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This New Poker Bot Can Beat Multiple Pros--at Once

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The 32-year-old is the only person to have won four World Poker Tour titles and has earned more than $7 million at tournaments. Despite his expertise, he learned something new this spring from an artificial intelligence bot. Elias was helping test new soft ware from researchers at Carnegie Mellon University and Facebook. He and another pro, Chris "Jesus" Ferguson, each played 5,000 hands over the internet in six-way games against five copies of a bot called Pluribus. At the end, the bot was ahead by a good margin.


AI program beats pros in six-player poker in world first - Taipei Times

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Artificial intelligence (AI) programs have bested humans in checkers, chess, go and two-player poker, but multiplayer poker was always believed to be a bigger ask. Researchers at Carnegie Mellon University, working with Facebook's AI initiative, on Thursday announced that their program defeated a group of top professionals in six-player no-limit Texas Hold'em. The program, Pluribus, and its big wins were described in the US journal Science. "Pluribus achieved superhuman performance at multiplayer poker, which is a recognized milestone in artificial intelligence and in game theory," Carnegie Mellon computer science professor Tuomas Sandholm said. Sandholm worked with Noam Brown, who is working at Facebook AI while completing his doctorate at the Pittsburgh-based university.


Artificial Intelligence Masters The Game of Poker – What Does That Mean For Humans?

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While AI had some success at beating humans at other games such as chess and Go (games that follow predefined rules and aren't random), winning at poker proved to be more challenging because it requires strategy, intuition, and reasoning based on hidden information. Despite the challenges, artificial intelligence can now play--and win--poker. Artificial Intelligence Masters The Game of Poker – What Does That Mean For Humans? Artificial intelligence systems including DeepStack and Libratus paved the way for Pluribus, the AI that beat five other players in six-player Texas Hold'em, the most popular version of poker. This feat goes beyond games. This achievement means that artificial intelligence can now expand to help solve some of the world's most challenging issues.


Artificial Intelligence Masters The Game of Poker – What Does That Mean For Humans?

#artificialintelligence

While AI had some success at beating humans at other games such as chess and Go (games that follow predefined rules and aren't random), winning at poker proved to be more challenging because it requires strategy, intuition, and reasoning based on hidden information. Despite the challenges, artificial intelligence can now play--and win--poker. Artificial intelligence systems including DeepStack and Libratus paved the way for Pluribus, the AI that beat five other players in six-player Texas Hold'em, the most popular version of poker. This feat goes beyond games. This achievement means that artificial intelligence can now expand to help solve some of the world's most challenging issues.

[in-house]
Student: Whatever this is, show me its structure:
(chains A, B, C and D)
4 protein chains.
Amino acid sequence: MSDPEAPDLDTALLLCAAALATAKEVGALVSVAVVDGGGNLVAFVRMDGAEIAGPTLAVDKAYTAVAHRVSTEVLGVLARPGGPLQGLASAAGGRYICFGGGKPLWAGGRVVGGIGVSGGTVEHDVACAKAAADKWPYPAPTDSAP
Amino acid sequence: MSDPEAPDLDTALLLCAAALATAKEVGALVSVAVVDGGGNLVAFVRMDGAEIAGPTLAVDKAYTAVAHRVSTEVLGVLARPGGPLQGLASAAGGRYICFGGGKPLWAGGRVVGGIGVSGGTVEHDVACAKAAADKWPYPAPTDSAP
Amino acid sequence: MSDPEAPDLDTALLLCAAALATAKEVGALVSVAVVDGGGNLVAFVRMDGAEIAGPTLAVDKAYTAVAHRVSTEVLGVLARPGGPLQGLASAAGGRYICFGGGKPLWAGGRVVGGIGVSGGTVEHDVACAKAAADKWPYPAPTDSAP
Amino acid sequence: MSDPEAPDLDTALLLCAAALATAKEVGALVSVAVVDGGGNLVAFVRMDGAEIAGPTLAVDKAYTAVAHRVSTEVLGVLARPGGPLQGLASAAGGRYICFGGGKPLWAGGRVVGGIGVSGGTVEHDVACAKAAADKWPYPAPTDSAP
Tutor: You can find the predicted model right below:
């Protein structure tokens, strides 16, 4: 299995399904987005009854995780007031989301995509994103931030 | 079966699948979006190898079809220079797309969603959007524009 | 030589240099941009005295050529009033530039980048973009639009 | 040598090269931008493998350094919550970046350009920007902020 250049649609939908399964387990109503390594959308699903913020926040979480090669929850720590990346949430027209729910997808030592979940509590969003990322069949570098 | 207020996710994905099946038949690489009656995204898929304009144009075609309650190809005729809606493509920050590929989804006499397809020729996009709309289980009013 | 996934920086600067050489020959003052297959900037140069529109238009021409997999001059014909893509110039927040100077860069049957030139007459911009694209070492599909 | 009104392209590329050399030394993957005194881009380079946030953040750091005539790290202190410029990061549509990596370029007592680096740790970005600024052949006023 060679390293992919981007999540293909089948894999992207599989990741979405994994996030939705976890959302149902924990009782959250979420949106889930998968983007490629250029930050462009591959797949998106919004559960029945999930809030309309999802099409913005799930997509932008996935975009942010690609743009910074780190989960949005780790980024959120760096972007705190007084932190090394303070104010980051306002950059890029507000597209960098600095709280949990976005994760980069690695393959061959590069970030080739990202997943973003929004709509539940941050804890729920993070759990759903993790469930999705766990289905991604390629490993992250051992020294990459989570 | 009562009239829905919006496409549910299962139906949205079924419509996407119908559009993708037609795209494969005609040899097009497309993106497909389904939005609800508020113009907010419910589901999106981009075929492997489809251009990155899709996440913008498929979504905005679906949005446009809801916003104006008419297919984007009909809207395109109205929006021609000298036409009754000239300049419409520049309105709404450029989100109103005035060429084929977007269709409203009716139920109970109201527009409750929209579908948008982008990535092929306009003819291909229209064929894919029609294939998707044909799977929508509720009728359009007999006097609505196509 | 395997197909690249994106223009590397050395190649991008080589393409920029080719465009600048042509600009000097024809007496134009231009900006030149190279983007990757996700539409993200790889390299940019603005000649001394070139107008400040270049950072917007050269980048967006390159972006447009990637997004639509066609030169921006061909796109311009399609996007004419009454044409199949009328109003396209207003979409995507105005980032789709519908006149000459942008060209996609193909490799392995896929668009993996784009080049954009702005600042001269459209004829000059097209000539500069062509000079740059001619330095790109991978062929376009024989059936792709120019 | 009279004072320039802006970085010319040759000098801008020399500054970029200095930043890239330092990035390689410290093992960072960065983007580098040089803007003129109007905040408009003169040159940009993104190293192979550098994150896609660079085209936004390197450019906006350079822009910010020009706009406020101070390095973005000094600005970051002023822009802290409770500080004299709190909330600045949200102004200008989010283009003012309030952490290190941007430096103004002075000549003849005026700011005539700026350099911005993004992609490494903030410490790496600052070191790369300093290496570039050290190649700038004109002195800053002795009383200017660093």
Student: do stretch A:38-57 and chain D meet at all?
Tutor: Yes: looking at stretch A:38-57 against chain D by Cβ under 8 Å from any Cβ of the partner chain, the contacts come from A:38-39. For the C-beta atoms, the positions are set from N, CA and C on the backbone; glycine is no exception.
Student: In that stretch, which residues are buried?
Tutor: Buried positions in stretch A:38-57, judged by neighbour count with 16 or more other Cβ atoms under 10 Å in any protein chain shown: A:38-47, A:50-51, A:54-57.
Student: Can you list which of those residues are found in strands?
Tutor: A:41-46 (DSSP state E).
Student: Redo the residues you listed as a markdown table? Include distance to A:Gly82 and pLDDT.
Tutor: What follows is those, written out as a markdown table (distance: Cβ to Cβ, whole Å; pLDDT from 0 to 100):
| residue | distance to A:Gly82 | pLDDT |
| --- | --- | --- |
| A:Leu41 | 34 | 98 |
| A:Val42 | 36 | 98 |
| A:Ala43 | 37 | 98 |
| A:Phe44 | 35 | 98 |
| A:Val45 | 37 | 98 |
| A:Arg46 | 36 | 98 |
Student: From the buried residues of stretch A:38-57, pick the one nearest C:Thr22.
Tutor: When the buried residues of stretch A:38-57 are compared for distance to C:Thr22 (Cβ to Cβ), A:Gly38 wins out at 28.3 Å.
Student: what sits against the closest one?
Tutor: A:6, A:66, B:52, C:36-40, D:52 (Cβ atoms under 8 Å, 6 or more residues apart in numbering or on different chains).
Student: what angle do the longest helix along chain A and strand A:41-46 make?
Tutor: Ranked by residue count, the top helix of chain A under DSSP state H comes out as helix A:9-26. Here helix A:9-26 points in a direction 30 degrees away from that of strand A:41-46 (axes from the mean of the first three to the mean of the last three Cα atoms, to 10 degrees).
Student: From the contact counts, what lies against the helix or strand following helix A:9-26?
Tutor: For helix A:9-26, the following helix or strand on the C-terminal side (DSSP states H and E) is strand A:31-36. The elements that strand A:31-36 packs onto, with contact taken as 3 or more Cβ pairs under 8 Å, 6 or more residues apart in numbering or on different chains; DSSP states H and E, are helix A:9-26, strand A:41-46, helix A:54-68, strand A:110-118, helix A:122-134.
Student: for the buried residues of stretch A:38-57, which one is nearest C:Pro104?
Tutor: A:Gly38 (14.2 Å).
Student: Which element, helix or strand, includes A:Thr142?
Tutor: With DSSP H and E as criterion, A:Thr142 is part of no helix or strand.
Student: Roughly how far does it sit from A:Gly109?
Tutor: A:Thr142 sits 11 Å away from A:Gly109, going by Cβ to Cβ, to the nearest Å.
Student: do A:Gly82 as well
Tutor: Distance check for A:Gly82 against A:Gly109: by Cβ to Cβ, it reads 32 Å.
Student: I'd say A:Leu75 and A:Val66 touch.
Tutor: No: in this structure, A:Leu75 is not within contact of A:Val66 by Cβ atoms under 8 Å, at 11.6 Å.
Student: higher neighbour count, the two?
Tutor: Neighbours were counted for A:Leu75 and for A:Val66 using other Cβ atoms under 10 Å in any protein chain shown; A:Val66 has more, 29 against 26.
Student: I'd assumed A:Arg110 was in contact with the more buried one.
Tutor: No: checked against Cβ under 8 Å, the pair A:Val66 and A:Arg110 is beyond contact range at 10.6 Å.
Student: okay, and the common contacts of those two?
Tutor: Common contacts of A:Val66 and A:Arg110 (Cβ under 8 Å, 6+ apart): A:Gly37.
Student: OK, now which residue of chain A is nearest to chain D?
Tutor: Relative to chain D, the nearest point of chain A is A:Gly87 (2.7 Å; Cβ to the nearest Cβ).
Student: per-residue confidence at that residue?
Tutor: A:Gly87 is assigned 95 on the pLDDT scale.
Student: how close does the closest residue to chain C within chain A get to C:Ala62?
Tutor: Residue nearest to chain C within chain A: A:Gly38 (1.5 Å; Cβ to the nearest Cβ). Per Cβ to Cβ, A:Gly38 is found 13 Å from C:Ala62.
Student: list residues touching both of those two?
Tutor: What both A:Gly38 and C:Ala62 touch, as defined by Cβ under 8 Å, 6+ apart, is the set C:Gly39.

AI beats professionals in six-player poker

#artificialintelligence

The AI, called Pluribus, defeated poker professional Darren Elias, who holds the record for most World Poker Tour titles, and Chris "Jesus" Ferguson, winner of six World Series of Poker events. Each pro separately played 5,000 hands of poker against five copies of Pluribus. In another experiment involving 13 pros, all of whom have won more than $1 million playing poker, Pluribus played five pros at a time for a total of 10,000 hands and again emerged victorious. "Pluribus achieved superhuman performance at multi-player poker, which is a recognized milestone in artificial intelligence and in game theory that has been open for decades," said Tuomas Sandholm, Angel Jordan Professor of Computer Science, who developed Pluribus with Noam Brown, who is finishing his Ph.D. in Carnegie Mellon's Computer Science Department as a research scientist at Facebook AI. "Thus far, superhuman AI milestones in strategic reasoning have been limited to two-party competition. The ability to beat five other players in such a complicated game opens up new opportunities to use AI to solve a wide variety of real-world problems."